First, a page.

We have arrived in an era where a sustainable course of action is more cost effective than a non-sustainable one, suggests Richard Brys, CEO of Utilidex.

We’ve known for a long time that burning fossil fuels is not good for the planet. Historically it’s been a challenge to source sustainable power and reduce carbon, through the use of renewable generation, quite simply because it was more expensive than grid power. But now, end customers can reduce their carbon footprint and save money which is good for everyone.

The cost of renewable energy has reduced significantly in the last two years (from £50+ MWh, to approximately £40 MWh) and this trend is continuing, as renewable technology becomes more cost-effective year on year. If we can encourage end customers to look at how they can self-supply at least a percentage of their energy consumption either through behind the meter solar or wind or through Power Purchase Agreements directly, working collaboratively with their energy supplier, we can help drive a positive future for our planet and save our businesses money.

“PPAs will offset the wholesale cost of your power, whereas on-site generation will deliver the full savings of the fully delivered power cost.”

Deciding what renewable technologies to invest in, whether to invest in on-site generation, PPAs or both, and what sites to select in your energy estate, requires serious consideration. In this article, we look at some of the factors which customers need to consider alongside the data sets required to transform their estate.

You can choose between on-site renewables,

or PPAs direct with generators Incorporating renewables into your portfolio, can be achieved in two ways. You can either opt for on-site generation, where you install assets (wind and solar) onsite. Alternatively, you can contract directly with renewable generators, through a contract structure known as a Power Purchase Agreement (PPA) via your energy supplier.

PPAs will offset the wholesale cost of your power, whereas on-site generation will deliver the full savings of the fully delivered power cost. PPAs will also require you to sleeve your energy purchases through your energy retail contract, with your energy supplier.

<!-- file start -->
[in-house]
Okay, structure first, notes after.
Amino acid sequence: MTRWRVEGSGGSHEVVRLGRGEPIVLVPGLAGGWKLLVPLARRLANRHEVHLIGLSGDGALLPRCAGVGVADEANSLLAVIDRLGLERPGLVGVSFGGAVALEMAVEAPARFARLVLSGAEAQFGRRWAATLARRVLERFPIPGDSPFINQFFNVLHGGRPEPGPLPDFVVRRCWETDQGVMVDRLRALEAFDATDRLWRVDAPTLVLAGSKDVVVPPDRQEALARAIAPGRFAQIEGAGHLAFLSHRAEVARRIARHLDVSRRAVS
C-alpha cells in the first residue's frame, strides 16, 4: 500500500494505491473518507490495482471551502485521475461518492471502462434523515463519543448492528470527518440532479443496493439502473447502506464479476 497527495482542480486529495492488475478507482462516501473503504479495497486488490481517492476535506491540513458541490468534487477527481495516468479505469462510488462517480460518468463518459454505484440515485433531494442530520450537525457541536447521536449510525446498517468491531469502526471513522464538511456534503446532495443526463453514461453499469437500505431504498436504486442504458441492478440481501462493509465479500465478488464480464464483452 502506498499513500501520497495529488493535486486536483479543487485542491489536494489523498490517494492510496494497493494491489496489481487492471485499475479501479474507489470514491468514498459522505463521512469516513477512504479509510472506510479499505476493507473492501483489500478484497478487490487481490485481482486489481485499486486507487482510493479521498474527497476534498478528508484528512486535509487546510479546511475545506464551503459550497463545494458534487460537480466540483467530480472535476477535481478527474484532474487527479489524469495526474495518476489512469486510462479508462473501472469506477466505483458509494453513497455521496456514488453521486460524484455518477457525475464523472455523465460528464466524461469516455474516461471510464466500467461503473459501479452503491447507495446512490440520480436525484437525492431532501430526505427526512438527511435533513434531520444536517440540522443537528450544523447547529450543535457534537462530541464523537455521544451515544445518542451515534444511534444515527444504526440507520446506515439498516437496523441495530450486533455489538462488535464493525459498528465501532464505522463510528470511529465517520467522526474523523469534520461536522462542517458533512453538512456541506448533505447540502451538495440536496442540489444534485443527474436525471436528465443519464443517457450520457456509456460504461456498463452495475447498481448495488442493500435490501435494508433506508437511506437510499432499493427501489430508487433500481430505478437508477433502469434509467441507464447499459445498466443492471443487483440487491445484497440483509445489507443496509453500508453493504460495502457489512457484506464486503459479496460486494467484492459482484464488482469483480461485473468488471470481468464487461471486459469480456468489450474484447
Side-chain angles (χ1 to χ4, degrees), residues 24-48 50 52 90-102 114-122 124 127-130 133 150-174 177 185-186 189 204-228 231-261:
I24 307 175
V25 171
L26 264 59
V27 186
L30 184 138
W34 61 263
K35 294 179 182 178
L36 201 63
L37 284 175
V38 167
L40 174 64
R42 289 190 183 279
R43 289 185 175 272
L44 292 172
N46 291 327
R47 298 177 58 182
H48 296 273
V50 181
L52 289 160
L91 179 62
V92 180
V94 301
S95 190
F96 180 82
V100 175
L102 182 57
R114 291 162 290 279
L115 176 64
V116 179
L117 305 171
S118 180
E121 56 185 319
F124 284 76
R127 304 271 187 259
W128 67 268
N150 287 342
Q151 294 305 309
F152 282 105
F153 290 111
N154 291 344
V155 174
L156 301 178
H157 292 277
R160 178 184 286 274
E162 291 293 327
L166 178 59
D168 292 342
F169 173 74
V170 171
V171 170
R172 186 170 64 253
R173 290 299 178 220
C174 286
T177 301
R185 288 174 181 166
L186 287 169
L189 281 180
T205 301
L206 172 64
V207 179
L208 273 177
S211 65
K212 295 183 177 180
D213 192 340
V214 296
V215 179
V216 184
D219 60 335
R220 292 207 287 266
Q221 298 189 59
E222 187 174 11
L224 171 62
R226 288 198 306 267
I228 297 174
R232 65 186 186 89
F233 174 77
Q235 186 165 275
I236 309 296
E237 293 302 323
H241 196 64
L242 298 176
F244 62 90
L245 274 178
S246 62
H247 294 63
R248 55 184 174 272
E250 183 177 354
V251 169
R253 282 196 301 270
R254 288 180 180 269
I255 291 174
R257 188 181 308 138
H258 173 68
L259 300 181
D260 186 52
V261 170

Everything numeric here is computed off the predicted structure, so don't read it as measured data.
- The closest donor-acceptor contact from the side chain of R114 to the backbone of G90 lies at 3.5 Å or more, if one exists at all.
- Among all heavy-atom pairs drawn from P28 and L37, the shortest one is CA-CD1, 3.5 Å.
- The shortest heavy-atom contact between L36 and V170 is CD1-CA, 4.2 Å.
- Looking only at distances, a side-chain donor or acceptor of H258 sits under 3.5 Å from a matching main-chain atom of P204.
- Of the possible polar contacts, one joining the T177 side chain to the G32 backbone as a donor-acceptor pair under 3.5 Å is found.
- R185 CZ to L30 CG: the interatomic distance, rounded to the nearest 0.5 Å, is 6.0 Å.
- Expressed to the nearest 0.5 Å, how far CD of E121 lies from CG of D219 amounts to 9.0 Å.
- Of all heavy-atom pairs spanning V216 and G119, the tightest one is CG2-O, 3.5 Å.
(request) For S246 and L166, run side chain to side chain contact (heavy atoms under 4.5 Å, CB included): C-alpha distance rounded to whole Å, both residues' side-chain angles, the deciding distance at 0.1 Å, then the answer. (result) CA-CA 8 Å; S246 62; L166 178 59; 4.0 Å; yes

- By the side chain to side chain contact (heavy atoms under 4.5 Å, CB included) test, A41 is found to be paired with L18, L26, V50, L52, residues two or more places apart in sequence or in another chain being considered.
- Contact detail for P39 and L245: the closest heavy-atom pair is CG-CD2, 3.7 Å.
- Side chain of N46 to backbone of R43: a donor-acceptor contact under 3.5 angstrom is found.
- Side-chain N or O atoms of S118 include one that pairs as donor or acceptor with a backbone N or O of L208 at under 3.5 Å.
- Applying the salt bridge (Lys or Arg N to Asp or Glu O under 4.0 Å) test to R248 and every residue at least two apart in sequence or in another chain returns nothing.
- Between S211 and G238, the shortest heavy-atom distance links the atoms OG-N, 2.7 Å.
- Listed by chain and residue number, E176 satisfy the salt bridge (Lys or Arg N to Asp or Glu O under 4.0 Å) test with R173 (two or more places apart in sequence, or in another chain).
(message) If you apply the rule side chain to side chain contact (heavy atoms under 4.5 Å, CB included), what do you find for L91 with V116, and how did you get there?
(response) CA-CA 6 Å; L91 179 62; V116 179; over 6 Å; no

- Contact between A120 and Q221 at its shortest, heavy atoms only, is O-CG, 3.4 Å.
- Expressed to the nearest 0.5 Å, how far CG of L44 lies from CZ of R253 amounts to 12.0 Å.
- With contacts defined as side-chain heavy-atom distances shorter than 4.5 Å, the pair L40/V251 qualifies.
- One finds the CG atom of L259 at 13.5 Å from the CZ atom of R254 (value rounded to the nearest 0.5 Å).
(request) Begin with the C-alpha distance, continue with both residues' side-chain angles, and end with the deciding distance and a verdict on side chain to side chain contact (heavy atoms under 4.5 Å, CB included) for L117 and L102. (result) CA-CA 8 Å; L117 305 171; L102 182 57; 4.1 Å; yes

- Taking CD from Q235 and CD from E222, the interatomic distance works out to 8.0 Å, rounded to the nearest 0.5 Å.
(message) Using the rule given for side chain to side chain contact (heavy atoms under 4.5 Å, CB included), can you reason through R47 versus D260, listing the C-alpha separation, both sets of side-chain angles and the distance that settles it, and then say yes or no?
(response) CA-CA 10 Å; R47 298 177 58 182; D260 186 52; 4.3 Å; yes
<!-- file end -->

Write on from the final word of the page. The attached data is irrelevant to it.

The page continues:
40 | TOMORROW’S FM And the good news is, energy suppliers are

here to help The traditional utility model is fast evolving from a supplier that simply sells a customers’ kWhs at the lowest price, to an energy provider that offers a fully tailored energy solution, encompassing renewable assets and energy management as part of their offering.

As more corporates become interested in renewable technologies, only those suppliers who can collaborate through the provision of services will deliver value to end customers, and thus become the partner of choice. The good news is they exist, and so its just a matter of shopping around and making sure your energy supplier is set-up to be your renewable partner going forward.

You can start the journey, with some data

analysis of your estates For customers, the starting point, may be as simple as contacting your energy supplier and enquiring about what type of renewable services they offer. As with any investment, it’s worth performing the analysis yourself, or in conjunction with your supplier so you have the facts and figures to hand, to help you make the decision around what is right for you:

Step 1 - The starting point for your analysis, will be a forecast of energy consumption on a site by site basis for the next five-ten years. It may also be useful to categorize your sites and attributes e.g. are you on a long-term lease or is the site purchased office, data center, manufacturing, so that you can group sites together, to determine how their load shape may change over time.

You’ll then need to factor in increases/decreases in site’s consumption and perhaps adding/decreasing the number of sites based on your company’s growth. As with any forecast, it’s unlikely you will get a truly accurate picture of what the future will look like. So rather than trying to develop a perfect forecast, it may be better to stress test potential forecast scenarios in order to determine the return on investment.

Step 2 - Once you have your energy consumption patterns, you will then need to forecast your energy costs on a site by site basis. It is well worth at this point, calculating both the fully delivered cost (including all third-party charges) as well as the wholesale power costs, as this will help in the decision making around whether to use on-site generation, or renewable PPAs. Again, acquiring fully accurate data sets, should not necessarily be the end goal. Instead it is better to identify two to three possible scenarios and evaluate the range of outcomes using those scenarios.

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